Galvanic Isolators

DDW

Super Anarchist
6,239
972
A simple passive one is just two diodes. They have to be big enough with enough heat sink capacity to carry the entire current service. These used to exist, but current ABYC recommendations prohibit them, because they will fail into the open condition, ABYC requires they fail "safe", that is, shorted. That isn't easy to do, and the reason they cost so much now. 

 

axolotl

Super Anarchist
1,656
183
San Diego
[  .  .  .  ] Now Isolation Transformers - that's where you can start to spend real money, especially if (like me) you have two 30amp circuits coming in.
The ultimate solution for stray current corrosion protection from your poorly wired dock or marina neighbors.  Also will prevent your boat from ever causing electric-shock drowning

Heavy and costly though.  Hubble makes a 60a isolation transformer that would suit your situation, only $2,000 and weighs 250 pounds:  Hubble IT  With the optional ISO-Boost module which handles brownout shore power voltage drops of up to 12.5% it'll cost $7,000.

I've got a 20a ACME isolation transformer for my modest shorepower needs, about 40 pounds and a few hundred bucks when I installed it in the early 90s. Still working fine.

 

weightless

Super Anarchist
5,607
581
Why are they so expensive. 
To pay the salary of the ProM's guy on the ABYC committee? ;) I'm probably being way too cynical here.

IIRC, FWIW, and please don't: DIY instructions tended to be very simple. Basically you just want two diode drops. You can get diodes nicely packaged for bolting to a heat sink and in appropriate ratings as bridge rectifiers. You can wire them up in various ways and in various numbers to get more or less redundancy. Simplest, and least fail safe, is probably to just tie the  DC terminals together and run the shore connection to one AC terminal and the boat to the other. I've seen folks draw capacitors in (maybe class Y?) but I'm not sure if that's a good or useful idea. Well, none of it's a good and useful idea, IMO. Please, just don't. But the theory of operation is worth knowing, I suppose.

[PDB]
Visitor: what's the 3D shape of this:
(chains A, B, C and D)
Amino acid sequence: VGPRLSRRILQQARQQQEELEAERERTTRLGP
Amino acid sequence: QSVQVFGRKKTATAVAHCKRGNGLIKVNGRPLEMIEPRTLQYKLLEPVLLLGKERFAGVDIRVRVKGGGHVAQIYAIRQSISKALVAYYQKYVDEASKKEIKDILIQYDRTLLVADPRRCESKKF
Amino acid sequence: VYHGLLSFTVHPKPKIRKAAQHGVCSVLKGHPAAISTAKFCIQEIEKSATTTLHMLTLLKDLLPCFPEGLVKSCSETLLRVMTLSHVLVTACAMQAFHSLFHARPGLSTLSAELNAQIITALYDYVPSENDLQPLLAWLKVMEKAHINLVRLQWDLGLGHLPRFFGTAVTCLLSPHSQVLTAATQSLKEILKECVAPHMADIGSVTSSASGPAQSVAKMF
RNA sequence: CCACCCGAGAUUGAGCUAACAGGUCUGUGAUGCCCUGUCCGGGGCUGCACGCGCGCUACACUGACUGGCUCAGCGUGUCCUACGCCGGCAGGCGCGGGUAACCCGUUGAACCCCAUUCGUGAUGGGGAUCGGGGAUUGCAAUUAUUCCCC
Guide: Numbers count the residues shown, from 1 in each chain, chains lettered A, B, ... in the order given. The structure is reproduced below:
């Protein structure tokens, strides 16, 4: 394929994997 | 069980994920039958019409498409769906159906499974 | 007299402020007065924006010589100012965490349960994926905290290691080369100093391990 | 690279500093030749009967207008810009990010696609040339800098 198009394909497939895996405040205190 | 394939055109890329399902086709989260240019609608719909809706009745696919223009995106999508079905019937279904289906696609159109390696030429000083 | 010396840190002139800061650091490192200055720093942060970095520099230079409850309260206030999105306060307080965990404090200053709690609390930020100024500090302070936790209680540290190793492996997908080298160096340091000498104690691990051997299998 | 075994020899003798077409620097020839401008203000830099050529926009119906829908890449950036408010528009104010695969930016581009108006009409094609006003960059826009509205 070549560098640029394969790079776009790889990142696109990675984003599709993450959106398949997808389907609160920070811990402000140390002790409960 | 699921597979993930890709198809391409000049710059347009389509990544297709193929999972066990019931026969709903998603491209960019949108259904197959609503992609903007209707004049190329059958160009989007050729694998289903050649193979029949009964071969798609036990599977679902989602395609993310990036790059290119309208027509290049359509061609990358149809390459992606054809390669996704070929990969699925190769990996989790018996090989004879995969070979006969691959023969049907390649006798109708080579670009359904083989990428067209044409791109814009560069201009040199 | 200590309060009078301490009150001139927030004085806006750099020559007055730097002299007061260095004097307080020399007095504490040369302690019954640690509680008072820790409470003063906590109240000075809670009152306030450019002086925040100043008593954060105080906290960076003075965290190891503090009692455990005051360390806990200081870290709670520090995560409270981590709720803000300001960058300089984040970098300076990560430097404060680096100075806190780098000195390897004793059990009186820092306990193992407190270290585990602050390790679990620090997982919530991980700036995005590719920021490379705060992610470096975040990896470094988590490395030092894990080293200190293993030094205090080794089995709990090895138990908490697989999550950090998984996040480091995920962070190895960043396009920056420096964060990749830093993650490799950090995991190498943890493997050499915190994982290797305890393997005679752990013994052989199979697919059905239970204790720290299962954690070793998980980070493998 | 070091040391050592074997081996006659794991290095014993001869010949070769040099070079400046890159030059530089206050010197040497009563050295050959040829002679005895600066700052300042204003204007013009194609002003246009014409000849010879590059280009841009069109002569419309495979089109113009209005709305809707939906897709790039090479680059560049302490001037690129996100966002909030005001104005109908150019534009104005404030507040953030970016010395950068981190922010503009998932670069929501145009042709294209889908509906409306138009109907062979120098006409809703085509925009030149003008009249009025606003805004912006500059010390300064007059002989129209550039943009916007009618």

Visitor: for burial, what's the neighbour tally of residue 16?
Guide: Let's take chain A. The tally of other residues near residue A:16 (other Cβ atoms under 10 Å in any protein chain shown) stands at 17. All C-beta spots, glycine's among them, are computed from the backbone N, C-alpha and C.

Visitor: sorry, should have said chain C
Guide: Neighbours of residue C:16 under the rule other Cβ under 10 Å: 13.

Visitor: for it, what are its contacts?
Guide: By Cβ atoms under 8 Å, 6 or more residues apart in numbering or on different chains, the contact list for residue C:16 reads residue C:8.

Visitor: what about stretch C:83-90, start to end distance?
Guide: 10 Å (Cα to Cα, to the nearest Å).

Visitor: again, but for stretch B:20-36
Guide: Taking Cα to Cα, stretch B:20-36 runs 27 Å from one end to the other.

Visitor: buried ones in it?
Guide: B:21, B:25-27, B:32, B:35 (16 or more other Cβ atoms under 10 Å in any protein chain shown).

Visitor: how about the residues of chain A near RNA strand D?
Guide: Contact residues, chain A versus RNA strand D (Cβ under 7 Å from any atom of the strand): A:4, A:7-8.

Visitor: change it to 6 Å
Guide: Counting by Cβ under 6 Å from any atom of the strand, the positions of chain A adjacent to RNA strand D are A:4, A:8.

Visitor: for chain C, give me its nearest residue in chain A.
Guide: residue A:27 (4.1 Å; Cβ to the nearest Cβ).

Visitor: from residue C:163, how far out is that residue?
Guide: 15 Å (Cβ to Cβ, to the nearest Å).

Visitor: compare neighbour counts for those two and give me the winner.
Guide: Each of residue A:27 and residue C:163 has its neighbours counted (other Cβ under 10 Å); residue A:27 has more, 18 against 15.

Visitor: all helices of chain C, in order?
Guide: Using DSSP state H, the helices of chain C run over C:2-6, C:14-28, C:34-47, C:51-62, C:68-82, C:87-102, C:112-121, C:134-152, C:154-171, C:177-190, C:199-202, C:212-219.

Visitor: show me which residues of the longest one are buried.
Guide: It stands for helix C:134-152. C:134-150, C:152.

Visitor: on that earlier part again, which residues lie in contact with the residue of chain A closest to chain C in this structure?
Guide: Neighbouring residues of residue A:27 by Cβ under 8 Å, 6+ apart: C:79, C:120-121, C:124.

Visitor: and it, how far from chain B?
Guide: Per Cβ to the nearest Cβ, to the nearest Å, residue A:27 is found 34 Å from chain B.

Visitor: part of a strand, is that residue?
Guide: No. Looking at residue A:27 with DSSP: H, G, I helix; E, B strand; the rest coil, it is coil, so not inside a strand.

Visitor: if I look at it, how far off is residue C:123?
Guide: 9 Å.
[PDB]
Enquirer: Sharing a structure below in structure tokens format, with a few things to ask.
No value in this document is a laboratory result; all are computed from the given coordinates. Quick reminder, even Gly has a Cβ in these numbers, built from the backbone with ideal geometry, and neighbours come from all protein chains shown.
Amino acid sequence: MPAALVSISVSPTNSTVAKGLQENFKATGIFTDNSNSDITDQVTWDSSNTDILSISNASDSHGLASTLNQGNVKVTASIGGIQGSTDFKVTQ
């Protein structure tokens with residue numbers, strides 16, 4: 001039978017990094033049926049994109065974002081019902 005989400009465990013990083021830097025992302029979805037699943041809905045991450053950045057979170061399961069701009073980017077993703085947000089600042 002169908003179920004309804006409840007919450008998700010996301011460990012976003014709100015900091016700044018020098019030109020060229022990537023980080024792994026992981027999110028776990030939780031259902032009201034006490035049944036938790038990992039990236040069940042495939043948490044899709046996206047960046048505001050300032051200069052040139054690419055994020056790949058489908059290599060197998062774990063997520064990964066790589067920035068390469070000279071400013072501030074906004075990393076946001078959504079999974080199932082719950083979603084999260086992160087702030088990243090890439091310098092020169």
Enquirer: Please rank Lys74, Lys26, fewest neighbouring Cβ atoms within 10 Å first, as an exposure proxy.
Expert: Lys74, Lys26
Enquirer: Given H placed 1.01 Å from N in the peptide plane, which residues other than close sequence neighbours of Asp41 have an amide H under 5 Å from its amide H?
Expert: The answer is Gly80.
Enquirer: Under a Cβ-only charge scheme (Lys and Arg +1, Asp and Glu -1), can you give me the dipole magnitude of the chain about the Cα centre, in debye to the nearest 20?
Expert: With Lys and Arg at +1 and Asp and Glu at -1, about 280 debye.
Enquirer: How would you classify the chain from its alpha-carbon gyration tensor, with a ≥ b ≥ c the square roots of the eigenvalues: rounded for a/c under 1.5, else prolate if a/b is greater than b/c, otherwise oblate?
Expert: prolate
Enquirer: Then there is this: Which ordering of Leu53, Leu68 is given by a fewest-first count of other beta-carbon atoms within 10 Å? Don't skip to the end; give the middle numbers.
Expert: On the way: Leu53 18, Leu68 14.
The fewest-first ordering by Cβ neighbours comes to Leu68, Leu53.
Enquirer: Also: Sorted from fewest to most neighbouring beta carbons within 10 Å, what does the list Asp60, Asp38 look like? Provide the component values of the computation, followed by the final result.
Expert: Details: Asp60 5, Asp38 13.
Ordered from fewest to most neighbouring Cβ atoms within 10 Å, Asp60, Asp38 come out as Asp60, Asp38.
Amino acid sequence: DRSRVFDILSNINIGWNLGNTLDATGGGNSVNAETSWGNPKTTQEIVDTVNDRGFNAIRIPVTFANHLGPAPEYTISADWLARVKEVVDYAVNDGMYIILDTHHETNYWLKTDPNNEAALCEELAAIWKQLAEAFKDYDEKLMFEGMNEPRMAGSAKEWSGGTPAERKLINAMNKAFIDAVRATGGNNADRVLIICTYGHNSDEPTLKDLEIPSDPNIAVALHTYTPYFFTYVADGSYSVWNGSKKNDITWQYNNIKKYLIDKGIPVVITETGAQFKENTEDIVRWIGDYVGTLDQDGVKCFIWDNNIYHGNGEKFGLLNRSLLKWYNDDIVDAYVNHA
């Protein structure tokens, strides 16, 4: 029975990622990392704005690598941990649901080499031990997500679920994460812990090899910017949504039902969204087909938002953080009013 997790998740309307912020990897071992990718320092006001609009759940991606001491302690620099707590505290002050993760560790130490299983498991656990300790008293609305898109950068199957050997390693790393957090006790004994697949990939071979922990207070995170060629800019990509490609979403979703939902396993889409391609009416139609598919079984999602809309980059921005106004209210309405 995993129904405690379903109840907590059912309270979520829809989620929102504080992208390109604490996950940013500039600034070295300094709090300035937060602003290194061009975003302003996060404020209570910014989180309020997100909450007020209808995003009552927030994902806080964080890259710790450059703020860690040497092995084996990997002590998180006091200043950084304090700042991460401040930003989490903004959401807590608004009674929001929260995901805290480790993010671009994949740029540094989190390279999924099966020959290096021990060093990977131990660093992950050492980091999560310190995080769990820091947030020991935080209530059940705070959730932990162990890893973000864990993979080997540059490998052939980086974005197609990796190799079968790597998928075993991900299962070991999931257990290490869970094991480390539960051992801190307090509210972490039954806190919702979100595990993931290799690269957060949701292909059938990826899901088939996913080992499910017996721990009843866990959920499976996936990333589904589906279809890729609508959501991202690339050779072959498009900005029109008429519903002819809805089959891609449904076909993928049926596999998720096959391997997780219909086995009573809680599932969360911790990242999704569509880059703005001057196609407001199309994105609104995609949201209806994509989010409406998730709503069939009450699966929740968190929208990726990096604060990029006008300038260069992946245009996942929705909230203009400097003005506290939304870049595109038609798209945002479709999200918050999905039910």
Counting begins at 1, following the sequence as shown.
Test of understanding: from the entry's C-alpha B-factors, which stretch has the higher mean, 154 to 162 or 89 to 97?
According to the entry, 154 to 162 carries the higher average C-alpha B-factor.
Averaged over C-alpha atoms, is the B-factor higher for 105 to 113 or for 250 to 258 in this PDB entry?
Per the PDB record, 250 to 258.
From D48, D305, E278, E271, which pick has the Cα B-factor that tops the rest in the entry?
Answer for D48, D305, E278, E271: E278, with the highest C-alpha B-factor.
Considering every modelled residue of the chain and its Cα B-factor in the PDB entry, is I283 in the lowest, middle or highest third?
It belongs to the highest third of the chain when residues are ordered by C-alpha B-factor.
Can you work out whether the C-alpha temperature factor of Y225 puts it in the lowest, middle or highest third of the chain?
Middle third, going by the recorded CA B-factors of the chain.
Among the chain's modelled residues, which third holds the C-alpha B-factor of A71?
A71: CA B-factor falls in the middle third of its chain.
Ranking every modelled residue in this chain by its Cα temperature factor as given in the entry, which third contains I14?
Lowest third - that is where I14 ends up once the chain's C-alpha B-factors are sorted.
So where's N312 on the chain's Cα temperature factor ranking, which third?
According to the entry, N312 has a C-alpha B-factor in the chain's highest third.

Last edited by a moderator:

Max Rockatansky

Max Rockatansky
3,537
816
The ULTIMATE solution is not plugging in at all, and that isn’t that big an ask these days with good solar, wind, and LFP batteries. I know bc I have done it

 

Bull City

Bull City
6,848
2,501
North Carolina
I am going to be plugging into 110v in a freshwater marina. Other boats report infinitesimal galvanic corrosion, although I din't know how many are plugged in 24/7 and have G.I.'s. What's your advice?

 
Last edited by a moderator:

Zonker

Super Anarchist
8,877
4,789
Canada
Heavy and costly though.  Hubble makes a 60a isolation transformer that would suit your situation, only $2,000 and weighs 250 pounds
Talk to your marina. Can you install it in a dockbox rather than sail with it? For the 99% of the time you will be plugged in...

 

weightless

Super Anarchist
5,607
581
I think that with no problems reported I'd just make sure I had whatever sacrificial anodes, "zincs", the manufacture suggests for fresh water installed and keep an eye on them. If the zincs waste away quickly then maybe a GI would make sense.

 

Baldur

Super Anarchist
I plug my SJ 24 directly into a 6amo marine battery charger connected directly to the battery. There is no other 120v. I do have 12v for the interior lights , nav lights, for Instruments. The outboard is lol fred from the water at the slip. A very experienced friend says I should still have a galvanic isolator or something to protect my keep bolts from stray voltage. But my keel bolts are not in the water. I have no metal in contact with the water. Note; I do have VC17 bottom, loaded with copper.

What day the peanut gallery?

 
Top